Blockchain doesn’t mean trustable

Blockchain has a few characteristic that lower the cost of value exchange:

  1. distributive system
  2. immutable record
  3. traceable transaction

And because of these features, every transaction stored on blockchain must be true and no one can change the stored record.

In the simplest way to explain this, every time when anyone want to make a transaction, that person has to broadcast this transaction to all people in the same network, some people will validate that if this is a valid transaction. After the validation, the transaction will be recorded into a database and all other people will copy a set of the updated database. If someone wants to change the database, they have to change everyone’s copy to make sure there is no contradiction.

And therefore, in most of the cases, all transaction must be true. But,


Let’s take a look at the following example:

  1. Peter created a record that he has USD $100
  2. Peter transfer USD $50 to Sam
  3. Mary validated the transaction making sure that there is no double spending and Peter account has more than USD $50
  4. The record is validated and recorded into a database
  5. Now everyone know Peter has USD $50 and Sam has USD $50

The tricky part is that, what if Peter doesn’t have that USD $100 at the very beginning?

Blockchain works perfectly with cryptocurrency, because not like USD $100, 1 Bitcoin is recorded into blockchain from the point it has been created, but when we need to apply blockchain technology to physical asset, it has to digitalize the physical asset into some token on blockchain first, and then the transaction can be done at a very low cost. And all the transaction after the digitalization must be true.

A lot of people are doing stuff like putting certification of University on blockchain to solve the fake certification issue, putting the copyright of photos on blockchain to solve the intellectual property issue. After reading this, do you think they make sense? Do you think blockchain technology can really help?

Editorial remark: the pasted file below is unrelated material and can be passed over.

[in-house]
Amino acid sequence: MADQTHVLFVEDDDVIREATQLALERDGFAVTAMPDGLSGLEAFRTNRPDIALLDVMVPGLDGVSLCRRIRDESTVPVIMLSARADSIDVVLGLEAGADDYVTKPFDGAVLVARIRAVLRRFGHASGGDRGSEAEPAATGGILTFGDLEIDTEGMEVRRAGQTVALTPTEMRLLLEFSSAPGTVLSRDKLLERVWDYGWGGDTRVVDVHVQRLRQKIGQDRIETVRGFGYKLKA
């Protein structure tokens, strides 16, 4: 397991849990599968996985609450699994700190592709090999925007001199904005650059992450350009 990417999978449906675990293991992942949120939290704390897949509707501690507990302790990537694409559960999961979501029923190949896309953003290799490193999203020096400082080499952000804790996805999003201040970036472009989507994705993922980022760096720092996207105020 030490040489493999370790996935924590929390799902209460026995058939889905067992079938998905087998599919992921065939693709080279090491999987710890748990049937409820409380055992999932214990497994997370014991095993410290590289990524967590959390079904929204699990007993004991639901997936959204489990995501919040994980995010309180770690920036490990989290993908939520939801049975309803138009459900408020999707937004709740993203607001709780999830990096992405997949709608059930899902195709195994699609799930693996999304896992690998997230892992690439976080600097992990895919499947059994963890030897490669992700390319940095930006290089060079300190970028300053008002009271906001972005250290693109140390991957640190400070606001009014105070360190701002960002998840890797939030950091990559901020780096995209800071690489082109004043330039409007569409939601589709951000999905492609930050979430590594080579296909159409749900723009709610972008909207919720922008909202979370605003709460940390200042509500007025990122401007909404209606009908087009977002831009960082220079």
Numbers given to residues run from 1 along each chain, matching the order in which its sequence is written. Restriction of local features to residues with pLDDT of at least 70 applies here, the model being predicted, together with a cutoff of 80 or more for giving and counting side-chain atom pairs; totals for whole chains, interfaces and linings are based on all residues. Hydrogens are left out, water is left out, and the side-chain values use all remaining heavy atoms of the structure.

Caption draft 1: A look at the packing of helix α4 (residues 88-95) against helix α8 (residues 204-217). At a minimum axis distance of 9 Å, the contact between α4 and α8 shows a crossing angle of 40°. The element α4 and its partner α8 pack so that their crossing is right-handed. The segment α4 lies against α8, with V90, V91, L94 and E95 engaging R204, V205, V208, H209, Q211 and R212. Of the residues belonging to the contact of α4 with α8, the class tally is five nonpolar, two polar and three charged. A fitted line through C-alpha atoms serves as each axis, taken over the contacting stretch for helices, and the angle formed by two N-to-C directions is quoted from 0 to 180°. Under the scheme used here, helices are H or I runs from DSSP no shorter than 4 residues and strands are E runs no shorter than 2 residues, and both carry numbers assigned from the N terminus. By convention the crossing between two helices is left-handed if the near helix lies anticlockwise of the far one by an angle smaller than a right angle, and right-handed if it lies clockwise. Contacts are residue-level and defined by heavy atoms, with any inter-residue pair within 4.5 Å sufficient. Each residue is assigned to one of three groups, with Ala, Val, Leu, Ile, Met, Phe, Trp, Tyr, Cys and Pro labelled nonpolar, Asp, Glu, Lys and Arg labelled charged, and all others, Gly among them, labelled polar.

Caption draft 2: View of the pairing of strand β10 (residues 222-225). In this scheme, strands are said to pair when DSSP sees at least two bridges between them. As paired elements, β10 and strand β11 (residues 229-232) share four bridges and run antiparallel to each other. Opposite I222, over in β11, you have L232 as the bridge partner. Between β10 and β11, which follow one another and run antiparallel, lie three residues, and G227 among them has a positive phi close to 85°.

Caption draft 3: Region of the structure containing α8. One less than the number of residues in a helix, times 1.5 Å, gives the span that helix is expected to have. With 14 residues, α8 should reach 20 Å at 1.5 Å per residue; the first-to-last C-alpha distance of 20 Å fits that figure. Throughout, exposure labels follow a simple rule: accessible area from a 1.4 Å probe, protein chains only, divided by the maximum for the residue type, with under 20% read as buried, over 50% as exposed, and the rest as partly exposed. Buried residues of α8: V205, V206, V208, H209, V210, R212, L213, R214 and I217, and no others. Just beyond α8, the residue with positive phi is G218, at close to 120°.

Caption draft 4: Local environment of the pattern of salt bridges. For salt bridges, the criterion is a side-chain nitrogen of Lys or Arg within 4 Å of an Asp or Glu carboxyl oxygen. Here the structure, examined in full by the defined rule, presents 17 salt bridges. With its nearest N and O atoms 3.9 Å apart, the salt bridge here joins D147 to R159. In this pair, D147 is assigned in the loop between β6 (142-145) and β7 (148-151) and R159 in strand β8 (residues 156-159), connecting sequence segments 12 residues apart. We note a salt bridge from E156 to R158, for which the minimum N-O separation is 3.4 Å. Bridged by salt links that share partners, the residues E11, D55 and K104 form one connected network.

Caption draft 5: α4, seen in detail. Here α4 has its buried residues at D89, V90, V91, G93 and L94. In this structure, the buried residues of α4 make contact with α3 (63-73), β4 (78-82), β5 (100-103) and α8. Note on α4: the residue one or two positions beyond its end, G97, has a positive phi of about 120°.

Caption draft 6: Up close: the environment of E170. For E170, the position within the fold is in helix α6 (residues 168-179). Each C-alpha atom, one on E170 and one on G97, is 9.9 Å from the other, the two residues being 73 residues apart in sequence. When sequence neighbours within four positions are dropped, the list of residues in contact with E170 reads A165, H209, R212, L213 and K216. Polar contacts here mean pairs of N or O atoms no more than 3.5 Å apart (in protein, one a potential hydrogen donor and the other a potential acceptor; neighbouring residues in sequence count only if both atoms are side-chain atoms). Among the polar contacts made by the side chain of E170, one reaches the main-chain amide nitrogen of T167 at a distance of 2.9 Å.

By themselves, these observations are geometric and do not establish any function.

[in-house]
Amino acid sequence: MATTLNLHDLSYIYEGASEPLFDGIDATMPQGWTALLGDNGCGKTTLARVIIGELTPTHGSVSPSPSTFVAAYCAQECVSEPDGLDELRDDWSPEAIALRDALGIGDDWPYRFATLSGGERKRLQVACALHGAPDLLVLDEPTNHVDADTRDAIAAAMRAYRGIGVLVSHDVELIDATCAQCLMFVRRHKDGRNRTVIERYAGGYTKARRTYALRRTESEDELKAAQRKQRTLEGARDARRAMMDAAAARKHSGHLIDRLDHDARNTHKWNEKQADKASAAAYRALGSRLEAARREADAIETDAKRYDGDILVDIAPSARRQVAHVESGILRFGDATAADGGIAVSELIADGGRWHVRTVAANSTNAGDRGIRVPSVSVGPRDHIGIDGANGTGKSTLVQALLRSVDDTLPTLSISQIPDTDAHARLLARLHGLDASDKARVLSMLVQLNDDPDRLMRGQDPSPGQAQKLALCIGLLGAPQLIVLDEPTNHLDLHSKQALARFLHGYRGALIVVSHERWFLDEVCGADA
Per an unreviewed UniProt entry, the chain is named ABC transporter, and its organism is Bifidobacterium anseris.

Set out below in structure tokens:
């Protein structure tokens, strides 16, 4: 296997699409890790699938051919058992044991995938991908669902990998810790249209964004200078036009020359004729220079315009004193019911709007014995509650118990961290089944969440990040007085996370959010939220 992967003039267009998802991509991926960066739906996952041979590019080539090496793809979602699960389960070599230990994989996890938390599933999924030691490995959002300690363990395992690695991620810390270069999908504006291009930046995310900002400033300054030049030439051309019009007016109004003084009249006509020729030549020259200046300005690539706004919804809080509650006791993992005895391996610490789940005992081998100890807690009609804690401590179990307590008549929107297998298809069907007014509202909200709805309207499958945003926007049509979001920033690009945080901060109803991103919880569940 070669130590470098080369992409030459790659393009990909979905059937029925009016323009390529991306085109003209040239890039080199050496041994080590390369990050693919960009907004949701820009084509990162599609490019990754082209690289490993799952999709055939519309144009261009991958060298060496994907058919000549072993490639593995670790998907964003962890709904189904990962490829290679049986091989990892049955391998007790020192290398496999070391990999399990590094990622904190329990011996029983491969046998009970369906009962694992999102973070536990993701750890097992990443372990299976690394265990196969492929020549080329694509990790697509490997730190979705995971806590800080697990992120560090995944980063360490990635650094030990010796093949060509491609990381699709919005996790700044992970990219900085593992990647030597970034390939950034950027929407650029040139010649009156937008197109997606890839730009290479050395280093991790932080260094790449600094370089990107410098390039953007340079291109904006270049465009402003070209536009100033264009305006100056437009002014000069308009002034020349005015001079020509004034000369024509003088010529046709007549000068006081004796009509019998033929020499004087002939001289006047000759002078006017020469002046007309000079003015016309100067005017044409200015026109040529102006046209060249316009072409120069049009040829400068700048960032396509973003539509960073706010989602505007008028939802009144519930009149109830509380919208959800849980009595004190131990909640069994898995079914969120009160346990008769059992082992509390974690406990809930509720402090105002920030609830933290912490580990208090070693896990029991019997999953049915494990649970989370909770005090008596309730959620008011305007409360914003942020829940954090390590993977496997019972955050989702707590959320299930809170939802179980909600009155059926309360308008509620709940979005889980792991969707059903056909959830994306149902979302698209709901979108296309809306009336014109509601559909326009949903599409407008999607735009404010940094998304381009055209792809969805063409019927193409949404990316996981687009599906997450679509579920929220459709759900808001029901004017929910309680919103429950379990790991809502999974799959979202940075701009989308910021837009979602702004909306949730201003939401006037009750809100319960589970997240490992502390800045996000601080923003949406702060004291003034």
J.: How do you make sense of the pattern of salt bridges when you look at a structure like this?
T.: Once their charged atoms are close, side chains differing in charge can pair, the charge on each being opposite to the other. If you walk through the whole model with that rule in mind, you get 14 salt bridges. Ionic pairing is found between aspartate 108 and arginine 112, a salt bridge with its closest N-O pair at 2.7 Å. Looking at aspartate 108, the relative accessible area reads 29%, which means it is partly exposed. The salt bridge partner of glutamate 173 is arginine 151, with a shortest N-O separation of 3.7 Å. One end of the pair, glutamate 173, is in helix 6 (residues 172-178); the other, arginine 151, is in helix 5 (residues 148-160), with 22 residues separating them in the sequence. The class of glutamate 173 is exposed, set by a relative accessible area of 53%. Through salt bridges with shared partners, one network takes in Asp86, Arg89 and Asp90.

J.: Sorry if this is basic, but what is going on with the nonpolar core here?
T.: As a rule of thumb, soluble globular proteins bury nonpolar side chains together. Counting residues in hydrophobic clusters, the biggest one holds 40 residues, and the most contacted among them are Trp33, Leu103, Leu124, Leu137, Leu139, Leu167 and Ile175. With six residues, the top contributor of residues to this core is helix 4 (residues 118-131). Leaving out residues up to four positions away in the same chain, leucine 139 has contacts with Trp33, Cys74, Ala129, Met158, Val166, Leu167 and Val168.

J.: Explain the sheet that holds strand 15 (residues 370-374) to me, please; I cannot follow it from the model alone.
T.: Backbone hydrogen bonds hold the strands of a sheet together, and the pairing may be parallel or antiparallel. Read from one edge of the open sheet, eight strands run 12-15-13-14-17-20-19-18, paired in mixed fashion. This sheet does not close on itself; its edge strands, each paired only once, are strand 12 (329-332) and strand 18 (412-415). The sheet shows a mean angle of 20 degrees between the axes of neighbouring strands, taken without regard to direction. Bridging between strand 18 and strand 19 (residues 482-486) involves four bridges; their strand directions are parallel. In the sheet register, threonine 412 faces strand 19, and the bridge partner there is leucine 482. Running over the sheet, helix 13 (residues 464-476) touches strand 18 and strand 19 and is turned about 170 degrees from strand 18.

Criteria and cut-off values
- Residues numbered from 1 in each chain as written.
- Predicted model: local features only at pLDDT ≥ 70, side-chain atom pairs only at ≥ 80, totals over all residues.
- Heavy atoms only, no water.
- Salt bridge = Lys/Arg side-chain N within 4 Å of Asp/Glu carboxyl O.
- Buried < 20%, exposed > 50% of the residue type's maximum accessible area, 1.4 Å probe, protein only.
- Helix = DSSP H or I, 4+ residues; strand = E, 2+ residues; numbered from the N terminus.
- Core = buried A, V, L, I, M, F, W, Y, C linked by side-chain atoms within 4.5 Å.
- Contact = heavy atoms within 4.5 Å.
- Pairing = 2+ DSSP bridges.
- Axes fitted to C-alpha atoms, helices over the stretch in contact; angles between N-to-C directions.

And to answer the very first question, why Blockchain can lower the cost of value exchange?

It is because the cost of value exchange is mainly contributed by:

  1. the cost for search for information: the cost for determining the ownership and condition of the asset
  2. the cost for policing and enforcement: the cost for ensuring the transaction is completed
  3. the cost for administration: the cost for validating the transaction from one end to the other
  4. the cost for regulation: the cost for compile to government laws

The above costs varies depends on the type of asset, whether it is a piece of gold, or money or a bitcoin? And blockchain can only help with cost no.3 when the asset is in the physical world, (e.g. a property). And to me, it is not a perfect solution, it may not be a better solution either because the cost for policing and search for information takes the most significant part in the cost of value exchange in the case.

But it is a different story when it comes to cryptocurrency, blockchain can lower all four costs. Because there is no condition to be determined, the ownership is clear, and the completeness of a transaction can be seen by everyone. Most importantly, if the transaction is just cryptocurrency from one end to another, there is no regulation.

What about money in the real world?

I believe, cost of 1,2,3, will be lowered by a lot, and the cost of 4 is hard to say. Theoretically, the cost for regulation is introduced to the organizations to solve the problem of uncertainty, people don’t trust people or organization, so governments introduce laws to make them trustable. But since every transaction on blockchain is valid and trustworthy, the law for regulating financial institutions on blockchain should be less rigorous and hence, the cost should be lower.

The only thing that is uncertain is that a disruptive innovation will always effectively resisted by the supporters of existing solution, in this case will be those who own the traditional financial institutions. And are they strong enough to stop the disruptive technology replaces the outdated institutions.

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